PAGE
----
take out live or six times the value of his
subscription in doctor's visits, even if he
have nothing the matter with him.
Eggs and Egg Culture.
Tlie traffic in eggs, says the Boston Cul-'
tivator, in this country is estimated by
competent authority to equal $150,000,0(H)
er annum. New York receives in a sin
gle year 0:50,000 barrels of eggs valued at
$11,000,000. In 1877 there were exported
from this country 5,'202,20 dozen eggs,
valued at if(5(jS',7(ll. It is claimed that
Philadelphia consumes daily 80,000 doz
en eggs. Tho approximate receipts of
egrs in Boston for the year 1H7S have
been ns follows: 107,007 cases containing
forty-nine dozen each, 4o,000 boxes con
taining one hundred dozen each, ami
17,7s: barrels containing seventy-nine
dozen, each. These figures give, as a re
sult, 1GS.-110 packages containing 5,il5,-(-2
dozen eg', or 7,187,8'J'i single eggs.
It is estimated that fully sixty-live per
cent of all receipts are consumed in Mas
sachusetts, and that about eighty percent
arc consumed in ami near Bo.- ton. In
nearly all small towns andviihigescnougli
eggs are raised to supply the local de
mand. The number of eggs consumed
in the State, when computed, is found to
be at an average of fifty-two egg per year
for every inhabitant, or one egg per week.
All these eggs come to Boston from vari
ous sections in about the following pro
portions: Eastern eggs, mostly from
Maine, by boat and rail, nt all seasons of
the year, twenty-four per cent of total re
ceipts; northern eggs, from northern New
York and Canada, thirty-seven per cent;
P. E.I. eggs, from Prince Edward Island,
between the months of April and Novem
ber, seven teen jut cent; western eggs,
nineteen per cent, and southern eggs, from
Virginia, during a few months iu the
t-pring, three per cent. Of northern eggs
the greater part come from Canada, and
this is constantly increasing. A single
Boston firm, the largest receivers of eggs
in this market, handled nearly six thous
and dozen eggs last year.
Indian Meal Porridge, Boil one quart
of soft water and mix half a pound of
meal in a little cold water, and lxiil for
15 minutes, stirring occasionally. Four
it into basins and let it stand lor 10 min
utes. Method for cleaning dirty filters. Use
for that purjxise permanganate of jo
ash. There can bo no doubt that passing
a solution through the filter until it comes
out as pink as w hen poured in must bo
"Walnut stain for pine and white wood :
Very thin sized shellac, 1 gallon; dry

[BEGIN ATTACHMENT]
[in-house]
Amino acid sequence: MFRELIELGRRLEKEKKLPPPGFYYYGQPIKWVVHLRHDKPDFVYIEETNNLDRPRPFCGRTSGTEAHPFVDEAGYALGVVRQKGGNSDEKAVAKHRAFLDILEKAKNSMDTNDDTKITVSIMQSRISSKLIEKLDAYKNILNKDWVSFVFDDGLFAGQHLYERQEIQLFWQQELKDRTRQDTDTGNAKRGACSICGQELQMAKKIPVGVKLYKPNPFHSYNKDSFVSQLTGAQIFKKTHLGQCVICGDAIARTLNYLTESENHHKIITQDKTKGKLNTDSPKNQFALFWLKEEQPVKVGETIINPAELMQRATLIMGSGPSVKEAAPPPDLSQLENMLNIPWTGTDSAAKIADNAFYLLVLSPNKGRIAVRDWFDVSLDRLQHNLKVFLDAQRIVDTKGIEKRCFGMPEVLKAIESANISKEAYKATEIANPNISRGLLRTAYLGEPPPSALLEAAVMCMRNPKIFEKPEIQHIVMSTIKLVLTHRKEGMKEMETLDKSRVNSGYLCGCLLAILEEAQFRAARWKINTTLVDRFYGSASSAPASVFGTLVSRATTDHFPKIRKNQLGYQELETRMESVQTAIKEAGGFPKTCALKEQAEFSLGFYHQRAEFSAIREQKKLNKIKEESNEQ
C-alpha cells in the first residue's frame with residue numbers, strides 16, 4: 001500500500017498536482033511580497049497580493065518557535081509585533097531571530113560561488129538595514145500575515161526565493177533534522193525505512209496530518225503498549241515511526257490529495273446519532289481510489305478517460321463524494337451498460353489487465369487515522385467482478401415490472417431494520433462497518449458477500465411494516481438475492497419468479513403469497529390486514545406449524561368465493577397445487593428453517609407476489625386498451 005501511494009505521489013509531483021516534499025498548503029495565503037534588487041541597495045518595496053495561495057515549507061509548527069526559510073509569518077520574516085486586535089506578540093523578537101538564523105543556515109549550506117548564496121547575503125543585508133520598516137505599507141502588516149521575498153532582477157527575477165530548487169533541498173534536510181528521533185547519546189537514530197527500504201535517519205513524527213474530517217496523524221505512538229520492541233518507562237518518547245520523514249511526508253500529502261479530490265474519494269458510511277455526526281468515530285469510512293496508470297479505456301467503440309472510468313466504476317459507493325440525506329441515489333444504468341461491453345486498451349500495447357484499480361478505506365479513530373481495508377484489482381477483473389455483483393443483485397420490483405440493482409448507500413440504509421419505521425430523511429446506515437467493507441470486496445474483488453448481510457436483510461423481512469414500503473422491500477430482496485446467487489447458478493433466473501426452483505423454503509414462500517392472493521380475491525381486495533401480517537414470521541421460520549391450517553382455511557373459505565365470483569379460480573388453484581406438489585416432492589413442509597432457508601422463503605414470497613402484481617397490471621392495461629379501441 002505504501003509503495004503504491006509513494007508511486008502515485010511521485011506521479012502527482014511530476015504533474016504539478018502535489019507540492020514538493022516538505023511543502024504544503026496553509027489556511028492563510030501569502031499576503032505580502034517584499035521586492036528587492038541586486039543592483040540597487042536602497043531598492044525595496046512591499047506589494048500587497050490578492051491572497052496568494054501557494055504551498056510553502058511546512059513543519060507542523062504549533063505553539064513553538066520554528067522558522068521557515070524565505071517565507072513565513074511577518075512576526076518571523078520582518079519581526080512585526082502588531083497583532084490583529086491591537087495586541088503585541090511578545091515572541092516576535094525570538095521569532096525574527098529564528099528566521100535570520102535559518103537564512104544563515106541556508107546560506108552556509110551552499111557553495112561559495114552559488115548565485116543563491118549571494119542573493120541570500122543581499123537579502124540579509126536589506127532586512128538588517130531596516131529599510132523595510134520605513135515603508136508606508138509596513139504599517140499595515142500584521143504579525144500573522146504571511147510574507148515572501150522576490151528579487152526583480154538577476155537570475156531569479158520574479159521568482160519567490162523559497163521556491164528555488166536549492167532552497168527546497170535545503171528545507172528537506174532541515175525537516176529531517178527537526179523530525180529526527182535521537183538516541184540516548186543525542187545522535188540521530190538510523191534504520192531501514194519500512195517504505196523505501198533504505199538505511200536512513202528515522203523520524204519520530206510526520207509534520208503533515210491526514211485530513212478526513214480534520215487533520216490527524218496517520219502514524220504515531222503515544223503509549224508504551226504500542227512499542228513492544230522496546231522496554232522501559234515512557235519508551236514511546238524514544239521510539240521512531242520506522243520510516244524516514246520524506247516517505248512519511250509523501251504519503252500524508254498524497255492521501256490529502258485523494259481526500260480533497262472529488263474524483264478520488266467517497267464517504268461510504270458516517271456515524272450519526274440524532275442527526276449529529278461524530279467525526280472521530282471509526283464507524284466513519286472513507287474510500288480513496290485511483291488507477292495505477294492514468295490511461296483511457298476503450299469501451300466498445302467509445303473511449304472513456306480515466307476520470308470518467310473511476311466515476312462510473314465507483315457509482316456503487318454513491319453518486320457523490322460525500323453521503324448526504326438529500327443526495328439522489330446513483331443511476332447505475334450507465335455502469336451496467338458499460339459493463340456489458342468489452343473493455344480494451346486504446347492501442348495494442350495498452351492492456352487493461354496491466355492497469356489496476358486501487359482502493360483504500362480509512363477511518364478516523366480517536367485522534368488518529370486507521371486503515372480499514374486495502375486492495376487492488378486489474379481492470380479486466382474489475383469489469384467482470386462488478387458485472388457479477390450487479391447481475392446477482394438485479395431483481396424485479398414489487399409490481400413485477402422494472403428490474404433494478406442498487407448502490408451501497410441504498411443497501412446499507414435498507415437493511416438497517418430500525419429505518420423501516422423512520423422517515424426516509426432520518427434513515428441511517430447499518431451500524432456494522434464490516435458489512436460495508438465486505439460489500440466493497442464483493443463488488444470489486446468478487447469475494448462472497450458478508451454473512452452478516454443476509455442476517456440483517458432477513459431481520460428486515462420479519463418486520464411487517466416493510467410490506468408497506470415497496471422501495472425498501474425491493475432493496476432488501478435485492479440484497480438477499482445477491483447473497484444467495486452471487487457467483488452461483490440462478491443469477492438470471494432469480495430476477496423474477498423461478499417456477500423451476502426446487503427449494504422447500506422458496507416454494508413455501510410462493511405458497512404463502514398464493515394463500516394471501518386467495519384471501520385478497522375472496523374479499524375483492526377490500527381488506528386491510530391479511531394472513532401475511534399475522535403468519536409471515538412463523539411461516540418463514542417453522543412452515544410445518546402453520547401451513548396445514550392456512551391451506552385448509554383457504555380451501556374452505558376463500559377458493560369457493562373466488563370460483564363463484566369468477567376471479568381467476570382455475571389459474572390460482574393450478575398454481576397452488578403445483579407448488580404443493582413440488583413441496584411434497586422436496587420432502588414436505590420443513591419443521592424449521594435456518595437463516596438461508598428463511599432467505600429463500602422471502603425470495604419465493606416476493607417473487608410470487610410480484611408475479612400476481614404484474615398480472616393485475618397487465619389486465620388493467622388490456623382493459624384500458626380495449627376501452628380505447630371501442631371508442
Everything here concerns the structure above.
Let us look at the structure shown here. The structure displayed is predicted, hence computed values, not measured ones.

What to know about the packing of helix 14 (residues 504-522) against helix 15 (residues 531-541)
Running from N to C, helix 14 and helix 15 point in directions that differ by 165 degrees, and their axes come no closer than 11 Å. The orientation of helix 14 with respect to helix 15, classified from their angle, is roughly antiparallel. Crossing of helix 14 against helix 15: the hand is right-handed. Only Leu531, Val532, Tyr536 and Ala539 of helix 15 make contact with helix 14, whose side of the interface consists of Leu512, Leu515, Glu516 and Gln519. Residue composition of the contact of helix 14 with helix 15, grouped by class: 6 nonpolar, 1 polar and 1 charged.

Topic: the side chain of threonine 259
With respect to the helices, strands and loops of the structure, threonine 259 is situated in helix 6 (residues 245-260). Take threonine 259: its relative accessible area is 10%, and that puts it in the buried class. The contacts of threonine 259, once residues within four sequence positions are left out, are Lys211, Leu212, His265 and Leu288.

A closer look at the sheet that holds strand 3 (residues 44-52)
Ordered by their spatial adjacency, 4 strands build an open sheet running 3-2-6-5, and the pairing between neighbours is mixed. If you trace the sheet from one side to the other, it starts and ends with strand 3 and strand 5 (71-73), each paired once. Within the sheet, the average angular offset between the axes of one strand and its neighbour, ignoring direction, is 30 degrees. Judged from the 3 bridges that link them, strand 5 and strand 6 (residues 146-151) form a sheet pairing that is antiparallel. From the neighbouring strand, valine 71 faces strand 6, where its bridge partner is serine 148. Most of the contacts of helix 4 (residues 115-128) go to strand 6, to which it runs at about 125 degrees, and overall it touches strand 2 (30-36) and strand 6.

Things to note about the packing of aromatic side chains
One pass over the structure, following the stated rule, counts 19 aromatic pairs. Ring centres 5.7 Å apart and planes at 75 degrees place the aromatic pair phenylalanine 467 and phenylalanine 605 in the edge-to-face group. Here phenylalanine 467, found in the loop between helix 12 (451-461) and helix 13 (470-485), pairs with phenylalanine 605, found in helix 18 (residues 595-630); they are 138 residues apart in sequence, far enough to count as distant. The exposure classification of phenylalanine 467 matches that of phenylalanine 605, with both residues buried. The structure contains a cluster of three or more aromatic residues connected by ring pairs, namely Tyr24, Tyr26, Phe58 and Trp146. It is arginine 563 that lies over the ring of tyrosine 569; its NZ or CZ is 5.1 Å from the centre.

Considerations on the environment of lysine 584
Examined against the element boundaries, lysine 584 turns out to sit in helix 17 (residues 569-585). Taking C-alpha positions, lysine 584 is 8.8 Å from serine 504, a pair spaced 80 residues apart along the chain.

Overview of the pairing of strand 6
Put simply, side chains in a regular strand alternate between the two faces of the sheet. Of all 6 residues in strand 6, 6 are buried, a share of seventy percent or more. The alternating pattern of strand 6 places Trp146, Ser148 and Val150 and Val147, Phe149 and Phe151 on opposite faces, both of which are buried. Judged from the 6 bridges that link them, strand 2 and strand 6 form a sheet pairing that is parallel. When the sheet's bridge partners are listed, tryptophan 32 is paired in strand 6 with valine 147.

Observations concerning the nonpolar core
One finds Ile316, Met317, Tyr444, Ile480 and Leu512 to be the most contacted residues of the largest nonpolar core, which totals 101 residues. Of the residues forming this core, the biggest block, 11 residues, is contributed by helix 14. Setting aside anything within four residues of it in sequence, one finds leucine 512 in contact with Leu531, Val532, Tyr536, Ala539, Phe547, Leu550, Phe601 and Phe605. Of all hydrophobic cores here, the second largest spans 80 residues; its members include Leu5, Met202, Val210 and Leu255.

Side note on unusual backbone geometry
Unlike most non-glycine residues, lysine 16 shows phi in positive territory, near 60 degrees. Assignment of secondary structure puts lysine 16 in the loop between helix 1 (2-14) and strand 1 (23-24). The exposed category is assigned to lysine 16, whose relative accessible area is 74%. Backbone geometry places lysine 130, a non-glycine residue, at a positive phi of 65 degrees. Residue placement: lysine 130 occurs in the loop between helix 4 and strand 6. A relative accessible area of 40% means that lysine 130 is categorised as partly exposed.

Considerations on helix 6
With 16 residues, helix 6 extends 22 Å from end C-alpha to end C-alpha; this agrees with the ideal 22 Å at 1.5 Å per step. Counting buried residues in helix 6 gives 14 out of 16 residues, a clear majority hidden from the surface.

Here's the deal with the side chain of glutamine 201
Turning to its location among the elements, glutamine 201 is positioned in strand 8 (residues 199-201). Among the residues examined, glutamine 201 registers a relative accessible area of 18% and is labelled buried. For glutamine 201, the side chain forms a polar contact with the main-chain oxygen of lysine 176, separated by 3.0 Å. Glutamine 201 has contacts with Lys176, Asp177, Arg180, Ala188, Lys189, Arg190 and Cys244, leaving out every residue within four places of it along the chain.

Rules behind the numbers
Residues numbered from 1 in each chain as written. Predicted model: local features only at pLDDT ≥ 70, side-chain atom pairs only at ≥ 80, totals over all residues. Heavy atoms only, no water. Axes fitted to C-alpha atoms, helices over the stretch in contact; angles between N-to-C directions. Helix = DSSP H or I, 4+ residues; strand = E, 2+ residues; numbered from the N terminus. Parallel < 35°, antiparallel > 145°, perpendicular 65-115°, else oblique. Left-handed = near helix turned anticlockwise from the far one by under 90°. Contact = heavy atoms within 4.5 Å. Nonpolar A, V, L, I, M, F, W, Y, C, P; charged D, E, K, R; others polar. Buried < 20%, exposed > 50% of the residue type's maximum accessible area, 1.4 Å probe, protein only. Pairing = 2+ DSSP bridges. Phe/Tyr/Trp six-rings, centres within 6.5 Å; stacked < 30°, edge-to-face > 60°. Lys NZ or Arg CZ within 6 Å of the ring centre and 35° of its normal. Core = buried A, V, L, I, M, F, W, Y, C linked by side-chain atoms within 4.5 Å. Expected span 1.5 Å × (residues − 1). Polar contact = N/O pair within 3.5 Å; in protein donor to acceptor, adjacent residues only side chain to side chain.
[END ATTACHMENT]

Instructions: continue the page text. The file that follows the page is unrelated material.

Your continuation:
burnt umber, 1 pound; dry burnt sienna,
1 pound; lampblack; 4 ound.- Shake
until well mixed. Apply one coat with
a bruih ; then sandp:iper and ajtply a coat
of shellac varnish.
Oat Meal Blanc-Mnnge. Take one
quart of boiling milk, slightly salted, or
boiling water will tlo, and two heaping
tcastxiousful of oat flour, mixed in a little
cold water to foim a paste, and stir it
twenty minutes. Turn it into a mold.
May be eaten' cither cold or warm, with
sugar and cream- Total expense 14 cents.
Cleaning Reservoirs. Wash first with
clean soap suds, then use water, lime and
a' woolen rag, put on while damp, then
Klish with a clean dry rag and the linio
as you would spoons. I clean my reser
voir once a week, and it keeps clean. Dj
not put a wet cloth on it after it is clean
ed for it will make it streaked.
How to Air Apartments. It is the gen
eral practice to open only tlie lower part of
the windows of a room in ventilating it,
whereas if the upper part were also open
ed, the object would be more speedily e f
fected. The air in an apartment is usually
heated to a higher tenipeiature than the
outer air, and it is thus rendered lighter,
und as the other air rushes in, the warmer
and lighter air is forced upward, and find
ing no outlet remains in the room.
The complexion may le improved by
the use of oatmeal, which contains a small
amount of oil that is good for the skin.
The hands may be soft aud w hite by wear
ing at night large mittens ot doth filled
with bran or oatmeal, and tied closely at
the wrist. A lady who had soft whito
hands,-confessed that she had a great deal
of house work to do, and kept them white
as any idler's by wearing oatmeal ur'ttens
Plants. Never wet the blossoms of a
house plant; but the leaves should be
washed at least once a week- Use wat'.r
luotteratcly warm, awl if the plants be
come very dirt; :v little weak soap-suds Is
beneficial. This washing should be cure
fully done with a soft sponge or cloth, in
thecaseof plants with thick,- polished leaves
such as caiueUas, oranges, and daphnes.
Where plauls have hairy leaves or the sub
stance it s-oft, water is lx-tt applied '.ith n
small syringe, fitted with a very Jhie nose.
To use this, place the plant on Us side in
the kitchen sink, syring? it well, turning
it Iron! side to side. Let it t-tand a few
minutes, for the water to liiiiu oil' hefore
returning it to its place. No drops ot
wait r should atau-l ou tlie leaver ir. tL